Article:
3) Our relationship with technology is ambivalent at best. Machine Translation, automation, integration are all concepts that are threatening just as much as they are liberating. The advance of machine translation challenges the role and importance of the translator, just as automation does the same with Project Managers and integrations do the same to engineers necessary to manage different systems. I embrace and drive head into technology and at the same time wonder what kind of landscape our business will look like in 10 years or so. Focus on ROI makes players try to reap the most out of legacy systems rather than dump them and go for more advanced architecture. We use technology on a daily basis, translating using CAT tools, managing projects with industry or custom built TMSs along with countless other tools that hold our business together. However, how many of our users, are adopters of this technology, in the sense of understanding its architecture, implicit reasons for its dos and do not's and know what we want to get out of future technology available? In my opinion, our community as a whole understands itself as a technology user rather than a technology stakeholder, thus reducing the positive tension and dialogue between people able to develop and drive technology and the user community.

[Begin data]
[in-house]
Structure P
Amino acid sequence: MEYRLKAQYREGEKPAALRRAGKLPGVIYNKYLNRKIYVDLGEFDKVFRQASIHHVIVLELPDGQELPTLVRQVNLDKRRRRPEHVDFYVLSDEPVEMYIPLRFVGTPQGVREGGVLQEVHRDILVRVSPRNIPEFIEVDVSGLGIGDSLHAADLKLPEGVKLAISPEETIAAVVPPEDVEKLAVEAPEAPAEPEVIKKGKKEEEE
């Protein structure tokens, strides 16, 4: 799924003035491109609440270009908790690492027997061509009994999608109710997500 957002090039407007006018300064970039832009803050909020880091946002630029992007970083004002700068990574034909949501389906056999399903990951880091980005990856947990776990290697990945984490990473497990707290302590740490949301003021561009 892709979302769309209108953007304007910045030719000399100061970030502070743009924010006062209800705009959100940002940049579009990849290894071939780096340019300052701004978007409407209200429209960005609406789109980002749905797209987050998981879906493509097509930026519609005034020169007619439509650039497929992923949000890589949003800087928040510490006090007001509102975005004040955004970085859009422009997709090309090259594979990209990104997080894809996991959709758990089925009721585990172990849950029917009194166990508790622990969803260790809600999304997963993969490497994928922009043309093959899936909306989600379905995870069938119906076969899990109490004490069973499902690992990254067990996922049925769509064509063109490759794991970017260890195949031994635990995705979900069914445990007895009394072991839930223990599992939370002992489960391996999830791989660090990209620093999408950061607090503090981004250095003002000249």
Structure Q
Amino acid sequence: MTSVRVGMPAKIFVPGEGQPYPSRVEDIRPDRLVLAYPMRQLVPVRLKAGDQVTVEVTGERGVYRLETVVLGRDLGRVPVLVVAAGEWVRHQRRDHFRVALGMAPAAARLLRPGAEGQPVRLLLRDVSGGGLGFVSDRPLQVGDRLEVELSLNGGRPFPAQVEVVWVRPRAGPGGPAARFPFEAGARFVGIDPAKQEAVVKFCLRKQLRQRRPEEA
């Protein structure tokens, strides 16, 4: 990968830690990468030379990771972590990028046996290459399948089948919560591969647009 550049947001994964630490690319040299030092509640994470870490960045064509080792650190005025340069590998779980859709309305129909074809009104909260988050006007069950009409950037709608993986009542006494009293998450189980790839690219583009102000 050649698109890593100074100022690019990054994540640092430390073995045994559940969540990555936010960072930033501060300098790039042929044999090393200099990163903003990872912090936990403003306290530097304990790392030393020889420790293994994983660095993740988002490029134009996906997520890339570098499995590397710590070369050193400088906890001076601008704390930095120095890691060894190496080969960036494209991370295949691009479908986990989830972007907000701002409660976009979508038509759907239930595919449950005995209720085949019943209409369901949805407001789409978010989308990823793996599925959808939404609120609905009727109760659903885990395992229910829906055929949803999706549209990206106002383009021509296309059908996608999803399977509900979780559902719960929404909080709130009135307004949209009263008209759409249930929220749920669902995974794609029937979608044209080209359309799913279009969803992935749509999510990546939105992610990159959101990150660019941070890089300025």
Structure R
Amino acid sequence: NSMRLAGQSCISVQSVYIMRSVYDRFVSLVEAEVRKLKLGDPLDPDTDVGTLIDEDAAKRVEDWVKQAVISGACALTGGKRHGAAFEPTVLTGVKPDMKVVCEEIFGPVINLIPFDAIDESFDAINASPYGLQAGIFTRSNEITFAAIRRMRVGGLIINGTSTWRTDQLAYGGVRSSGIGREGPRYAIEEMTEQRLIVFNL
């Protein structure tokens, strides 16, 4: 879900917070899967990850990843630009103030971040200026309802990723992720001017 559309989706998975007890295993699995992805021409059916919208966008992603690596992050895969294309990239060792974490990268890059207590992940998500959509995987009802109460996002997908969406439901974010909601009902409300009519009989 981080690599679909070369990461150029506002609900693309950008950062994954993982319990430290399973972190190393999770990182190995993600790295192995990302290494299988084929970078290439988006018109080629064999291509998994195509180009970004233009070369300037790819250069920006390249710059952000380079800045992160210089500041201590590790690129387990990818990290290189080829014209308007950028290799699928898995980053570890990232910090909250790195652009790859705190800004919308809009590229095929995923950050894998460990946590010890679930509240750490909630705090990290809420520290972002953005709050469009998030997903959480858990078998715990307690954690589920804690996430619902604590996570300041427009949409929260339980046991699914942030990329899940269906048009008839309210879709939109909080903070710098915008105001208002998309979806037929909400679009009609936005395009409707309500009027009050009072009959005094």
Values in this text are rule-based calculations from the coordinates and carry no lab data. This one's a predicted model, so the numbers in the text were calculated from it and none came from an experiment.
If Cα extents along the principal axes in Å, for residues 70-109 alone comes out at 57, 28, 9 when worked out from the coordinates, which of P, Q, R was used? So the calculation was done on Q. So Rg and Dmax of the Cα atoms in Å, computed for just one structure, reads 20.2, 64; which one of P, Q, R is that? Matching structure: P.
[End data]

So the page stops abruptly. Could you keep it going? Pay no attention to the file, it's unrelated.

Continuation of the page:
4) It does not take much to realize that "Translators" are the most important of the "Translation Industry". However, a disproportionately large amount translators have passively accepted relegation to mere suppliers of labor. Those making decisions and leading the industry seldom come from a translation background and the way we have shaped the industry, borrowing from IT and advertising agencies, Client Account Directors, for instance, are seen as far more important revenue drivers than translators. I do not think a translator or anyone as a matter of fact, is a superstar, but translating is what we do, and awesome translators should be able to reach similar levels of importance as other professionals and executives in the field. Translators have become cogs in wheels, supplying human input where necessary, rather than people participating in the complex decision-making patchwork that this industry has become.

 

This article originally appeared on LinkedIn.